The Military Entertainment Complex: are you a virtual soldier?
As the line between videogames and real war blur, are we losing sight of reality and our humanity, asks Simon Rowbotham
While many gamers may enjoy military war games such as Call of Duty, Medal of Honor, Battlefield and even Halo, it may escape the notice of many of them that they could be militarised by the games that they play. This does not mean that after a lazy Sunday’s round of Battlefield 3 you’ll be picking up your rifle and signing up for that impending war in Iran, but rather that a special relationship between the military and the videogames industry is shaping the very way citizens and soldiers alike think. Academics call this the ‘Military Entertainment Complex’.
This month has been an exciting month in the military shooter genre as Halo 4 and Call of Duty: Black Ops 2 were released to great fanfare. Also, Medal of Honor: Warfighter was released. Could it be then that those playing these games as we speak are being in some way trained in a way that is favourable for military personnel and a recently belligerent America?
This is not an attempt to make some trumped-up tabloid-esque comment about videogames corrupting the young but is instead meant to provide a reasonable ground for discussion on the matter. It’s too easy to breezily dismiss Daily Mail slush about under 18s playing adult rated games by rightly pointing the finger to the parents, but what about adults who play these games? Is there not something worrying about the increasing number of us who seek our leisure carrying out virtual atrocities that become wrapped up in points and k/d (kill/death streaks). Can we really not expect these attitudes to begin to permeate the real-world army when real-world soldiers play these games? And most importantly, did you know that armed drones killing people in Pakistan are controlled using Xbox controllers?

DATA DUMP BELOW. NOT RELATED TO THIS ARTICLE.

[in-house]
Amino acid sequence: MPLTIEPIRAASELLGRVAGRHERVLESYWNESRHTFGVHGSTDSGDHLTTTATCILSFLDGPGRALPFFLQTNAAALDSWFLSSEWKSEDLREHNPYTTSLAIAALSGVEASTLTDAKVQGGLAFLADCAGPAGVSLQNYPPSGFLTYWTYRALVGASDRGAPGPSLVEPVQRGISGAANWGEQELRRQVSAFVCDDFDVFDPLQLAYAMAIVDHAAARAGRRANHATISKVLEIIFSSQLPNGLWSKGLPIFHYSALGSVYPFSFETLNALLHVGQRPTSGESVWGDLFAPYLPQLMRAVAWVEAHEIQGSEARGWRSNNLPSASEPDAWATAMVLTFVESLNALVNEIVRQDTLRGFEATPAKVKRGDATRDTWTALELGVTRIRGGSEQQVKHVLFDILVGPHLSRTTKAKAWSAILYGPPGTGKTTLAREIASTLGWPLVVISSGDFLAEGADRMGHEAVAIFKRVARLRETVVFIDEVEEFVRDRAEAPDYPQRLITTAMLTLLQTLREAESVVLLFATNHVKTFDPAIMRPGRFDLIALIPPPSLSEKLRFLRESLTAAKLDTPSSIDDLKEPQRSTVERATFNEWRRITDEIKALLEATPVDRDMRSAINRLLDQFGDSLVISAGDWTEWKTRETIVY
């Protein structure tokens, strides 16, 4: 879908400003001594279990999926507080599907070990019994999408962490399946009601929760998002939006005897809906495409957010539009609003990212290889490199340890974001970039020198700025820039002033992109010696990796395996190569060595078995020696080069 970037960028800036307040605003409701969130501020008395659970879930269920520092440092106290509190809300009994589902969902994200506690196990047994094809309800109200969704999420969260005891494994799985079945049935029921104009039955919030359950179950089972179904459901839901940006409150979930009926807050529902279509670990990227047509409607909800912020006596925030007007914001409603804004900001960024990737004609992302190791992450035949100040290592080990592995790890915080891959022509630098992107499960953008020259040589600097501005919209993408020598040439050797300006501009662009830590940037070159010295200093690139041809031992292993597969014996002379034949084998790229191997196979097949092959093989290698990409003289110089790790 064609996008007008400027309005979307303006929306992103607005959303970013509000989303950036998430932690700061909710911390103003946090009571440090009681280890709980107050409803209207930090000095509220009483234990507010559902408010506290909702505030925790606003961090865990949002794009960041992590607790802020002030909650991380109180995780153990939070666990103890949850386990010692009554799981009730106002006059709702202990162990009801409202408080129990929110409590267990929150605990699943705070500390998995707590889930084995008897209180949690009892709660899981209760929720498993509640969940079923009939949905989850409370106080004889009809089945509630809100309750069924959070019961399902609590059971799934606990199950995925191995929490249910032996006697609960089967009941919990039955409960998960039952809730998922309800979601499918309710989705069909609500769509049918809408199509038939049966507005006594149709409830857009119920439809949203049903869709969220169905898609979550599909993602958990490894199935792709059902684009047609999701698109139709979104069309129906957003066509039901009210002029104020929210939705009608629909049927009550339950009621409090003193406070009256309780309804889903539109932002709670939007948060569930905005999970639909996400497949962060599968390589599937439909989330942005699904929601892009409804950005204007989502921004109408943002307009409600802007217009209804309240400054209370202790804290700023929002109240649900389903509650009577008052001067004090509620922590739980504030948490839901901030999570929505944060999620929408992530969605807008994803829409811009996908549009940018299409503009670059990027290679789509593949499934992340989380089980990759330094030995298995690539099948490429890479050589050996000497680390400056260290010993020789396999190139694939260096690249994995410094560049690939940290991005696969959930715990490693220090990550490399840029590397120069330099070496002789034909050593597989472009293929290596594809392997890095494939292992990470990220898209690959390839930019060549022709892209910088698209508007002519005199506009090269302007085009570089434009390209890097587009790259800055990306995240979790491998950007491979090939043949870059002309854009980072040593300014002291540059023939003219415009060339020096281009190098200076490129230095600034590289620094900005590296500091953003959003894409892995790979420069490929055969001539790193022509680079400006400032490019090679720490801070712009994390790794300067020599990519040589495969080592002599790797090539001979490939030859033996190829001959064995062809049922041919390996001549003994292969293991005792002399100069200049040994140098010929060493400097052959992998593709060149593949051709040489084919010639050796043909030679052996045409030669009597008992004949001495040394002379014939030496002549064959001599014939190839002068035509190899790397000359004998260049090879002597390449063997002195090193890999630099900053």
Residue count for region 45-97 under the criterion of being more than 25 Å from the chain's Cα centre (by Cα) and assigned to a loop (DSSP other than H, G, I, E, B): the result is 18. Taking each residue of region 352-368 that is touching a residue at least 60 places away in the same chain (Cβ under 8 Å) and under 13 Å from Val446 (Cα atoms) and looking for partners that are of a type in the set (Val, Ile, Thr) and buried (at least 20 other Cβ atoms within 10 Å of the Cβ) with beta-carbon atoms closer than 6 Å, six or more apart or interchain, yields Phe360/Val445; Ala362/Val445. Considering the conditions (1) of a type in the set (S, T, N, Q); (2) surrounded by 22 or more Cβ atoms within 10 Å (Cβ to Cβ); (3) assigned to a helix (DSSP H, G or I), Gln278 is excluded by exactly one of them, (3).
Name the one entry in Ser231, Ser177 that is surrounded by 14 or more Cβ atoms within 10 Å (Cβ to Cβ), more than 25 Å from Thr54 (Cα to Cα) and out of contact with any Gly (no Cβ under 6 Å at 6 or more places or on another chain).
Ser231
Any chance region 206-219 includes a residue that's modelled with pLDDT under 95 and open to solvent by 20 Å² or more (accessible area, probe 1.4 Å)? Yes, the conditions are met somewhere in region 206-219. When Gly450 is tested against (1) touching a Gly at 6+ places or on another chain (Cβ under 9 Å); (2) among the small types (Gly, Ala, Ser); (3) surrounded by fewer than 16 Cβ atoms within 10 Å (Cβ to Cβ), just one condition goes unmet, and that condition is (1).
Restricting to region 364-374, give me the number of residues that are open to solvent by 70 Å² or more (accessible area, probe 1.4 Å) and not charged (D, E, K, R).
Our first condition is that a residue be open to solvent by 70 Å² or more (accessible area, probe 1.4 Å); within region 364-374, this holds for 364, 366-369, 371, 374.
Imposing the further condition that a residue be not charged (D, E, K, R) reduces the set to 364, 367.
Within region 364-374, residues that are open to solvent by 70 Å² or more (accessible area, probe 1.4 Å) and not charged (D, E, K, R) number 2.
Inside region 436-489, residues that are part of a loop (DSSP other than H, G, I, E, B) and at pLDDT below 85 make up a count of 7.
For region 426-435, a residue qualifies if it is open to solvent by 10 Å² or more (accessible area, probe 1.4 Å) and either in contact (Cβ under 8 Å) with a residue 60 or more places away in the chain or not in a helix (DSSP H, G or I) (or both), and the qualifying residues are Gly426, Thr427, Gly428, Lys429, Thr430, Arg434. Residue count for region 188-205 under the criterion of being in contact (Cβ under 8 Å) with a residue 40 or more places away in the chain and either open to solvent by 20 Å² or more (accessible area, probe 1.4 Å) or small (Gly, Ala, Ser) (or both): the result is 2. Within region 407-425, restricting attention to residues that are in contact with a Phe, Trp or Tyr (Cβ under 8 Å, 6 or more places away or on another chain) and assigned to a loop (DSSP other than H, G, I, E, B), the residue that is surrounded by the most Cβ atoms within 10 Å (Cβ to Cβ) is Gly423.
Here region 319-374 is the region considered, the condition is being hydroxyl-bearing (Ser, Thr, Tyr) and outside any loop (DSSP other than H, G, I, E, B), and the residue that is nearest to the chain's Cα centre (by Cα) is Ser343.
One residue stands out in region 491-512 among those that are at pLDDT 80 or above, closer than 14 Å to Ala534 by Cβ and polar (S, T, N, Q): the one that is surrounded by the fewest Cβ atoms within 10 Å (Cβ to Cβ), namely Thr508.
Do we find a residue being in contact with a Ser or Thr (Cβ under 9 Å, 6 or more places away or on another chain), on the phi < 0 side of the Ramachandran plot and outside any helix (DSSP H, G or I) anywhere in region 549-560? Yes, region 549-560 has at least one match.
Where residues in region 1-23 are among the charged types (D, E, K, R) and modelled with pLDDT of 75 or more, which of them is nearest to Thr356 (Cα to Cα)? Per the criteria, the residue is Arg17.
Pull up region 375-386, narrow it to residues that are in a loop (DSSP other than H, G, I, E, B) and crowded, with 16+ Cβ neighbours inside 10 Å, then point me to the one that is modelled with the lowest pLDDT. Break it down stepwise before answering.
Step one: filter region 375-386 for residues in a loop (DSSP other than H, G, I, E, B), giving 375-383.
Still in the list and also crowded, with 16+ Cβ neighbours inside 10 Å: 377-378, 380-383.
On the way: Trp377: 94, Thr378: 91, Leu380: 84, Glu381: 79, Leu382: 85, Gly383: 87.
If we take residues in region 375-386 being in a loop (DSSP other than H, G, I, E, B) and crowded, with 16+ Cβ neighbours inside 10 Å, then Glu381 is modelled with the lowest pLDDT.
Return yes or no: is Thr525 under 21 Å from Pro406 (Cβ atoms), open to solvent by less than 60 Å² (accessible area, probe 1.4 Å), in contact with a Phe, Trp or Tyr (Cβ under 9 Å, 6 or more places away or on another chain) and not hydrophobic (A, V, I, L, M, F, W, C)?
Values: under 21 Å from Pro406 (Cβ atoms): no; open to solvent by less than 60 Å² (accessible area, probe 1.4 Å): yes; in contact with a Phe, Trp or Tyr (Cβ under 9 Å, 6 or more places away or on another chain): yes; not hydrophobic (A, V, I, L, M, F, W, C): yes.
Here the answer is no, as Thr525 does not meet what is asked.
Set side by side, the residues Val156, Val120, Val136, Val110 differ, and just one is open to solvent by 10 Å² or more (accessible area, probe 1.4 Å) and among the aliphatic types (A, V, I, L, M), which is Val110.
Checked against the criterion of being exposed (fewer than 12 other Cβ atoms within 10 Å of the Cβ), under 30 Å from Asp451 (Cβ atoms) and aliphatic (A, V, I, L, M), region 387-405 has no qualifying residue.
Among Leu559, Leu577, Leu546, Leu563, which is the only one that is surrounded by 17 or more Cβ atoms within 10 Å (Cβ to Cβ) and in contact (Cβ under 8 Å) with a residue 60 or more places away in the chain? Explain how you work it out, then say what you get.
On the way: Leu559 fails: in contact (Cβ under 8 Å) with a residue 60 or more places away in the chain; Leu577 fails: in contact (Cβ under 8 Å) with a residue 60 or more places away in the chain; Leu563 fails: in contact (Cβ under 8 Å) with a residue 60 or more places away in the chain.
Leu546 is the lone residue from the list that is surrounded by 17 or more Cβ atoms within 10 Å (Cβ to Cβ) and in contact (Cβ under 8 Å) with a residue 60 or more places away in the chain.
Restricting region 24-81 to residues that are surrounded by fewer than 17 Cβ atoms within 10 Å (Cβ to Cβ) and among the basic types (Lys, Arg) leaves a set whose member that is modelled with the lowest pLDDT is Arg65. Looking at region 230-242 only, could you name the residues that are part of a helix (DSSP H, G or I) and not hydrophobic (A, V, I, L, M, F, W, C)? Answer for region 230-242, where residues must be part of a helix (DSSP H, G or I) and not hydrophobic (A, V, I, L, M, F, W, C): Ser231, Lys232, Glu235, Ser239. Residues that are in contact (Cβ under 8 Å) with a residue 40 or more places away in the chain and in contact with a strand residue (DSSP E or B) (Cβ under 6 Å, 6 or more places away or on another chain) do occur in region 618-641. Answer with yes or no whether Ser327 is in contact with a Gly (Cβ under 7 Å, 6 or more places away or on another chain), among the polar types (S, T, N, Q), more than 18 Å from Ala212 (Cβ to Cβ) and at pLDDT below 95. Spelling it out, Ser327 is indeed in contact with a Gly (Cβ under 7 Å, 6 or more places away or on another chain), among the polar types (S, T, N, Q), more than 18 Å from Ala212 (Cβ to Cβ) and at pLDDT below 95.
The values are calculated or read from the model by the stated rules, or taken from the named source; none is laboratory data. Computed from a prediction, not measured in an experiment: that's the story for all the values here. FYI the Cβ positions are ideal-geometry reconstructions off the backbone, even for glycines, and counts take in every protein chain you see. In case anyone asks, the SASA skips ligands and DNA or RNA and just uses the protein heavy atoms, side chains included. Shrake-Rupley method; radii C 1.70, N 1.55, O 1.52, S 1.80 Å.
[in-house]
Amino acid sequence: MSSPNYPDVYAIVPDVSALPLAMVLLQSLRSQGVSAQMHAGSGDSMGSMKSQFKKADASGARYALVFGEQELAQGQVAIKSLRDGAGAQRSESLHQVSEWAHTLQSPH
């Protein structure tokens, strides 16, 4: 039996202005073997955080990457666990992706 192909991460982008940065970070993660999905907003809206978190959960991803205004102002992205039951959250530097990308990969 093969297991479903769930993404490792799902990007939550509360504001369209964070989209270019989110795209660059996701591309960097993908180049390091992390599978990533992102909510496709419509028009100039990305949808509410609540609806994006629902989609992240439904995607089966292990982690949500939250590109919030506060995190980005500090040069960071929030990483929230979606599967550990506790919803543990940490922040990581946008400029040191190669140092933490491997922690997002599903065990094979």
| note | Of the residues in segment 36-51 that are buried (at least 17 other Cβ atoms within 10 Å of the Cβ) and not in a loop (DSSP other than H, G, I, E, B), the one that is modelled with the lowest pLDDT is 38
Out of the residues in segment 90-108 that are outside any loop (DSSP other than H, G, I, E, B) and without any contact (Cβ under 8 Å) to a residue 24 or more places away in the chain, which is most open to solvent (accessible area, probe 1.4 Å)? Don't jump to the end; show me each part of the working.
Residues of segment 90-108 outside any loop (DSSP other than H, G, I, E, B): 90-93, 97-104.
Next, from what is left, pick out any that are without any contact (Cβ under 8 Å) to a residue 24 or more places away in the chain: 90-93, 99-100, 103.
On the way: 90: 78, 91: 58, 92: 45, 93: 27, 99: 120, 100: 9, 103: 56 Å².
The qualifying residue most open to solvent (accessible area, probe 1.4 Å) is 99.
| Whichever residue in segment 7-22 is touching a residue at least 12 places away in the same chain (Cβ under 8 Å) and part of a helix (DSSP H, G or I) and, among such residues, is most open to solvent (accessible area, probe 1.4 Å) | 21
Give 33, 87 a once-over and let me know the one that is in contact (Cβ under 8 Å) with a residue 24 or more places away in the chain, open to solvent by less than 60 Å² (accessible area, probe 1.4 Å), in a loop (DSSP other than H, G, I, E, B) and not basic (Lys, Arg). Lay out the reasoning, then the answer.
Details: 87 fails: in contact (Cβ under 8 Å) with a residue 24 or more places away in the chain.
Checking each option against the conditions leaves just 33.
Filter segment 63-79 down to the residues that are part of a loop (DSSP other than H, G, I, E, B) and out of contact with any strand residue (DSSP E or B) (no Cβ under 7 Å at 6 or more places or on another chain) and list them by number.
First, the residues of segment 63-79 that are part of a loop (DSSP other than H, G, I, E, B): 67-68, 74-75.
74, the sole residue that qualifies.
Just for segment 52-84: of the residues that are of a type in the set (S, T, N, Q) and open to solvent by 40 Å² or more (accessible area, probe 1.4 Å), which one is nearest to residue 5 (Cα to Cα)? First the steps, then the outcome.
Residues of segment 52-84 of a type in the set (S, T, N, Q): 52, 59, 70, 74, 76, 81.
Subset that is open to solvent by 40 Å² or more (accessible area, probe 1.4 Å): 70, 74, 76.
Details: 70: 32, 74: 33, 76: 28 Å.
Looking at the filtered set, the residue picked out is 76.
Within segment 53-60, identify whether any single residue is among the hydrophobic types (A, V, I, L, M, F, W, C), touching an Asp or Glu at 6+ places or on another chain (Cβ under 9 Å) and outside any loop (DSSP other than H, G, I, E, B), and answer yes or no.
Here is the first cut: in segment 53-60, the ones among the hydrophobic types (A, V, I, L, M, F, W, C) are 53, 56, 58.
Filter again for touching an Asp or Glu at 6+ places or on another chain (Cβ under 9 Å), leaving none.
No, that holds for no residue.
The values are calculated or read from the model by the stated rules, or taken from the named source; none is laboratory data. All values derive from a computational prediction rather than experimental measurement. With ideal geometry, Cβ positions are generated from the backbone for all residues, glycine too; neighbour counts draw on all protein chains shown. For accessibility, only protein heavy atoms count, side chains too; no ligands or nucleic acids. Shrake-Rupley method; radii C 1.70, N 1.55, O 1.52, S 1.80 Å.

The Military Entertainment Complex
There is a concept, mentioned earlier, which academics call the ‘Military Entertainment Complex’, and it details a mutually beneficial relationship between videogames and military industries. The military entertainment complex notes that in exchange for playable material the videogames industry gives the military positive presentations of war campaigns. The benefits also extend to training and hardware, with early Sega teams regularly switching between Sonic the Hedgehog projects and designing visual display units for attack helicopters. The military also pumps huge amounts of funding into training and simulation programs inspired by videogames; early training programs even included an adaptation of Doom.
The military entertainment complex extends to consumer videogames too, with the Defence Science Board in 2004 agreeing that the army should contract even more games for public dissemination after the creation of its America’s Army videogame/recruitment tool
Take the image above, a typical scene in Battlefield 3 and indeed most military shooters. What do we as a Western audience see? We see a barren wasteland with cracks in the infrastructure, we see destruction and we see cars on fire, but these settings seem so prevalent we never really question them. Often the playable space of war-torn Iraq, war-torn Iran, and war-torn ‘they’re all the same to me’ -istan is the same and the representation of the Middle East in these games never changes.